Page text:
An Aging Brain

Shit happens when you get older. Yes, really, it does.  I forget a lot more today than I did even five years ago. My wife and I are good-natured about this inevitable part of maturing. We joke about not remembering squatola as we enter our final phase together.  Hopefully, we will remember we are married and how to have hot and steamy sex!

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In my twenties, I was fortunate enough to have a photographic memory. That was an especially useful thing in college. I could read something once and could tell you the page of that particular passage. When adding footnotes to a term paper, I simply pulled the book from my shelf, went right to the page to double-check and bam, there it was. I did very little studying and a lot of partying in college because I only had to read the chapter once and because I was OCD, re-read my highlights before a test.

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I’ve been packing up a little of my apartment in Forks in preparation for retirement and my move back to Moses Lake when finally I get to live with my wife full-time.  I didn’t think I would need my hammer, so I brought both along to put into storage. My wife said, “We don’t need two hammers. Get rid of one.” I didn’t tell her there was a third hammer in the toolbox in our storage unit. See, here’s the thing…while I don’t remember purchasing the second or the third hammer, I probably bought them thinking we didn’t have any. That’s what I do. If I can’t remember where I put something, which is happening quite a lot lately, I simply buy a new one. Thus, the three hammer phenomenon.  There might even be four. I haven’t checked the RV….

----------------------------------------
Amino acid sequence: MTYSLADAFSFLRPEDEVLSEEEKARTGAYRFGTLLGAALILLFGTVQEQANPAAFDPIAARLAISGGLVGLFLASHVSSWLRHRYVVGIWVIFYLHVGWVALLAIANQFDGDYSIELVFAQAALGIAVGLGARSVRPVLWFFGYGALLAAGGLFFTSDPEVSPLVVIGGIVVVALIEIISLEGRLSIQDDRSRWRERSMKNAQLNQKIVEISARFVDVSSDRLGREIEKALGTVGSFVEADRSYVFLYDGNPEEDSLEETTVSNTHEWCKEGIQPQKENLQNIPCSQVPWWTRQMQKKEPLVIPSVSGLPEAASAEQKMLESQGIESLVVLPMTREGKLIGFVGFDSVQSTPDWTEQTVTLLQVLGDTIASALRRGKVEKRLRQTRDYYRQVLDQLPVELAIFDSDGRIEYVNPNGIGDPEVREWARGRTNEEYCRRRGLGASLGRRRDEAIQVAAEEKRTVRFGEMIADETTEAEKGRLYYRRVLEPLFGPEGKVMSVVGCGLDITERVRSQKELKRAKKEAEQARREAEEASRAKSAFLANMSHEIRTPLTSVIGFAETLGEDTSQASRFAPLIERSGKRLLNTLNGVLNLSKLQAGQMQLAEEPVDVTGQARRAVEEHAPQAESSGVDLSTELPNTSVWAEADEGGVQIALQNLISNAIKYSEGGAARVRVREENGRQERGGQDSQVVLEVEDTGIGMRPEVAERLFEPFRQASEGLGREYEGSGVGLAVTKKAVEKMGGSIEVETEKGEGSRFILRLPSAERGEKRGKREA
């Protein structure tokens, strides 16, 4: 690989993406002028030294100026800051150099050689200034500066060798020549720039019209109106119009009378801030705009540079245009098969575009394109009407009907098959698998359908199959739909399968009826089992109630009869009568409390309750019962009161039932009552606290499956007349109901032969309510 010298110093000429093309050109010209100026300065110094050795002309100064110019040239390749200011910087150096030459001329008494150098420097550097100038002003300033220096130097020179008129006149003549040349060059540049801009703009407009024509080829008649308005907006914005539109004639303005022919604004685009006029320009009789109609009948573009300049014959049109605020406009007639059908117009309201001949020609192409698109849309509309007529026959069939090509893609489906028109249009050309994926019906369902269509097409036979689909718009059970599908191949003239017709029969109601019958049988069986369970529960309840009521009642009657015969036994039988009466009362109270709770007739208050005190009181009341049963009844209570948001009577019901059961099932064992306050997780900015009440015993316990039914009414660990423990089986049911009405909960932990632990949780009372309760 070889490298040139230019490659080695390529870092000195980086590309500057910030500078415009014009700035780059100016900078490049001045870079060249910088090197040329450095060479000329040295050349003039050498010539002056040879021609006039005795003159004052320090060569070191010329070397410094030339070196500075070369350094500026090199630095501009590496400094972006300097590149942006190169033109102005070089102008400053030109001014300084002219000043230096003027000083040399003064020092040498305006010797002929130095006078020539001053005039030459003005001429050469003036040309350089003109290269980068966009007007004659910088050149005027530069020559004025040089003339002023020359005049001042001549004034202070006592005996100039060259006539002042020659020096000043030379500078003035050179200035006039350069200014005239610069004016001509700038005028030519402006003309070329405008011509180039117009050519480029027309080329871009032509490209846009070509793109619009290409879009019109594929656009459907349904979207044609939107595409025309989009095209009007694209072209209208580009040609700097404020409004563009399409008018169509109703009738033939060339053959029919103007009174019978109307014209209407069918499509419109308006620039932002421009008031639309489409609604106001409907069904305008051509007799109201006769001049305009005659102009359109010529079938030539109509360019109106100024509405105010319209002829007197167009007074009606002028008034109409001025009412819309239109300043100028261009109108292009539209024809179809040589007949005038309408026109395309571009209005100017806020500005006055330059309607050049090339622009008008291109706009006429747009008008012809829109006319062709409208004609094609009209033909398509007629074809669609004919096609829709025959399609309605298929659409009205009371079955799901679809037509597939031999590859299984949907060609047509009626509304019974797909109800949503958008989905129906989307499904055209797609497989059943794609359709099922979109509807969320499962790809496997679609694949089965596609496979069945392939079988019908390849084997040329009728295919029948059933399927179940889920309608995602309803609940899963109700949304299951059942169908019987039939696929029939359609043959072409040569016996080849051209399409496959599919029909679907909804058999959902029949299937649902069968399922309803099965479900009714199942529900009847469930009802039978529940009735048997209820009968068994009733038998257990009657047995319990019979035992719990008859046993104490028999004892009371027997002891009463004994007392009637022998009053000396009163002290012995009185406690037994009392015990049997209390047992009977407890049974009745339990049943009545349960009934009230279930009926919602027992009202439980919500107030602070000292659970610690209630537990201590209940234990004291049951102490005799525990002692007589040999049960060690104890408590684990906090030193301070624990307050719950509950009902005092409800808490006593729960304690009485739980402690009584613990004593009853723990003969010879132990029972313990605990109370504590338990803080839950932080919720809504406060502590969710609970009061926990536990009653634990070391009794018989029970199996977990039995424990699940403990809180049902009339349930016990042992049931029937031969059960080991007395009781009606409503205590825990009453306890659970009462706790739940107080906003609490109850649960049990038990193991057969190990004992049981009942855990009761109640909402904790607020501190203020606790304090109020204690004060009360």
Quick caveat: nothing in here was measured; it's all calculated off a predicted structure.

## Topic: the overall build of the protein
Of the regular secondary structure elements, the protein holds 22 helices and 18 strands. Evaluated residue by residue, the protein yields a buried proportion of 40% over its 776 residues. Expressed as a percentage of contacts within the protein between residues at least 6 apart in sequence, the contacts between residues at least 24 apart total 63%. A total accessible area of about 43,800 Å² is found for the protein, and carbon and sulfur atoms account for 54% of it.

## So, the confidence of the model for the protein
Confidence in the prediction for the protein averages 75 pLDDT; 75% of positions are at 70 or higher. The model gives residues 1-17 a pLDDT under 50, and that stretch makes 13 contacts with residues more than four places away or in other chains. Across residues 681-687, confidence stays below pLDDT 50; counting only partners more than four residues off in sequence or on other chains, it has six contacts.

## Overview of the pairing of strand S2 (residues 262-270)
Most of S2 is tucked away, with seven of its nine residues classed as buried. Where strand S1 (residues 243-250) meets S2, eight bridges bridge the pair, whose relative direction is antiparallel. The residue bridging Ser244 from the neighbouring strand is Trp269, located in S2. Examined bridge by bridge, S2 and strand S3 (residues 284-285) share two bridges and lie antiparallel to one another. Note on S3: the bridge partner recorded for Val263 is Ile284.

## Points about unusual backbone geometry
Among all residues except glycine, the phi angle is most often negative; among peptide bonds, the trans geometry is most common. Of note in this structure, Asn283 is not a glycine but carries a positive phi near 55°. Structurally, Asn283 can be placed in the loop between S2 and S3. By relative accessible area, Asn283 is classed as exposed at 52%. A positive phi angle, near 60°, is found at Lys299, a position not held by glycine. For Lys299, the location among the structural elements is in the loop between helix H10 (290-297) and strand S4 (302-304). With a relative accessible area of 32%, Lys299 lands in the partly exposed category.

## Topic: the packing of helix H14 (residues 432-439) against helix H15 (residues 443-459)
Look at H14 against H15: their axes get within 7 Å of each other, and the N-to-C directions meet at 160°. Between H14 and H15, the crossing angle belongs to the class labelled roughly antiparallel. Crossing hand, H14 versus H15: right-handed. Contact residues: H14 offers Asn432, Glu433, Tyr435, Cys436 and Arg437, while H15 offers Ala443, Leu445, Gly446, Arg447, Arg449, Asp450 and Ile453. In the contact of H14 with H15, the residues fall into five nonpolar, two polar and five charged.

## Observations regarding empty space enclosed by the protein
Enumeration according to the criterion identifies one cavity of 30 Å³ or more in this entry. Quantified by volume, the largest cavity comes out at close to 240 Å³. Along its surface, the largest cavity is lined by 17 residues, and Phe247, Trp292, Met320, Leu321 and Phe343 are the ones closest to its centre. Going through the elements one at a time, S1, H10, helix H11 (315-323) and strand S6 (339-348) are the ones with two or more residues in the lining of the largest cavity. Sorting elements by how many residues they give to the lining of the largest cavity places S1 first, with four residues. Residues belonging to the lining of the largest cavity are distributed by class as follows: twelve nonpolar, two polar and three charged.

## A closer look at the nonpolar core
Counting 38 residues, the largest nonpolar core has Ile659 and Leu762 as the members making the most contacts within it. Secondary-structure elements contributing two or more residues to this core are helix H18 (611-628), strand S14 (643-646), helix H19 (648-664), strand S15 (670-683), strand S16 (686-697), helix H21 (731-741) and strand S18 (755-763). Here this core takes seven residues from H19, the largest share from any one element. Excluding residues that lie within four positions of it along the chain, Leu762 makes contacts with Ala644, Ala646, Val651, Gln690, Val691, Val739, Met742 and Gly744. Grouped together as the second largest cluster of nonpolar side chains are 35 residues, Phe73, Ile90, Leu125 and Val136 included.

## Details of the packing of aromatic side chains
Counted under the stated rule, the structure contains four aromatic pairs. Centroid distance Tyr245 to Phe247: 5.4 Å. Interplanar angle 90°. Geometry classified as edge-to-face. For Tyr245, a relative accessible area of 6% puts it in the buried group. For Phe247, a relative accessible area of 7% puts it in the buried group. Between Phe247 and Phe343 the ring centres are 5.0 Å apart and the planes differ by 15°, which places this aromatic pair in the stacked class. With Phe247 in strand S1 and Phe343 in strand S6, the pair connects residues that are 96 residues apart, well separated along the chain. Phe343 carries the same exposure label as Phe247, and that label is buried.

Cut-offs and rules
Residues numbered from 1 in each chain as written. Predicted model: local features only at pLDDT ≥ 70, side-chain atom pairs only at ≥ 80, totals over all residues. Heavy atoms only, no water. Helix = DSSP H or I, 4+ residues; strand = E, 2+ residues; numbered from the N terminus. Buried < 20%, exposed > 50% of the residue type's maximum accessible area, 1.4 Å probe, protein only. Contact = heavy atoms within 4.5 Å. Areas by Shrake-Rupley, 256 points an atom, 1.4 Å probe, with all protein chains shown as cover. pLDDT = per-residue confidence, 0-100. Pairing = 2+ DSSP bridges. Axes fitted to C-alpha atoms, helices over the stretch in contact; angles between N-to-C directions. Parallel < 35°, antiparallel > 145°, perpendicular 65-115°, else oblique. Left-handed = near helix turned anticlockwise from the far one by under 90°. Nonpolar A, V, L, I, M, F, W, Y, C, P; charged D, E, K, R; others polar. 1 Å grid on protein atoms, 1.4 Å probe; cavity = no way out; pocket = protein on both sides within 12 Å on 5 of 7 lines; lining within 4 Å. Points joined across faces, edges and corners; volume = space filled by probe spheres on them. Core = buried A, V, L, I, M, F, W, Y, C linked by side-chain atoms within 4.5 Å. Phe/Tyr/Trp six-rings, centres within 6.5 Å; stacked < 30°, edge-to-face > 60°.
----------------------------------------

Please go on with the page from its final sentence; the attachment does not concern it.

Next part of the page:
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One of these days we will have to go to that damn storage unit and rid ourselves of the duplicates, which I have no doubt there are many. Combine an aging brain with packrat tendencies and one has an overflowing storage unit.

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The other thing that is mildly frustrating and often amusing is the way I forget words. Whenever medical professionals talk about aphasia, it is usually related to a medical condition. Sometimes it is linked with dementia or Alzheimer’s.  I honestly wish they would assure those of us who are maturing, that mild aphasia or dysnomia, which is basically forgetting words or having trouble expressing something in words, comes with age. It is normal. It happens to most of us. For a writer, this is more than frustrating but sometimes hilarious.

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Recently, I used a word that I knew was incorrect, yet slipped by every one of my betas, except one. During all of my OCD reviews of the manuscript, it jumped out at me as wrong, but I could not for the life of me think about an alternative, so I left it there. I must have used nozzle versus barrel (in reference to a specific part of a gun) because I always remember fondly the story of when I used the garden hose nozzle attachment like a gun against my father. We had epic water fights while growing up. One day, when he came home from work in his three-piece suit (it was the 70’s), I let him have it. Then my sisters and I locked him out and mocked him through the sliding glass door gesturing while taking bites of our dinner. Dad was always good-natured about the pranks we played on him.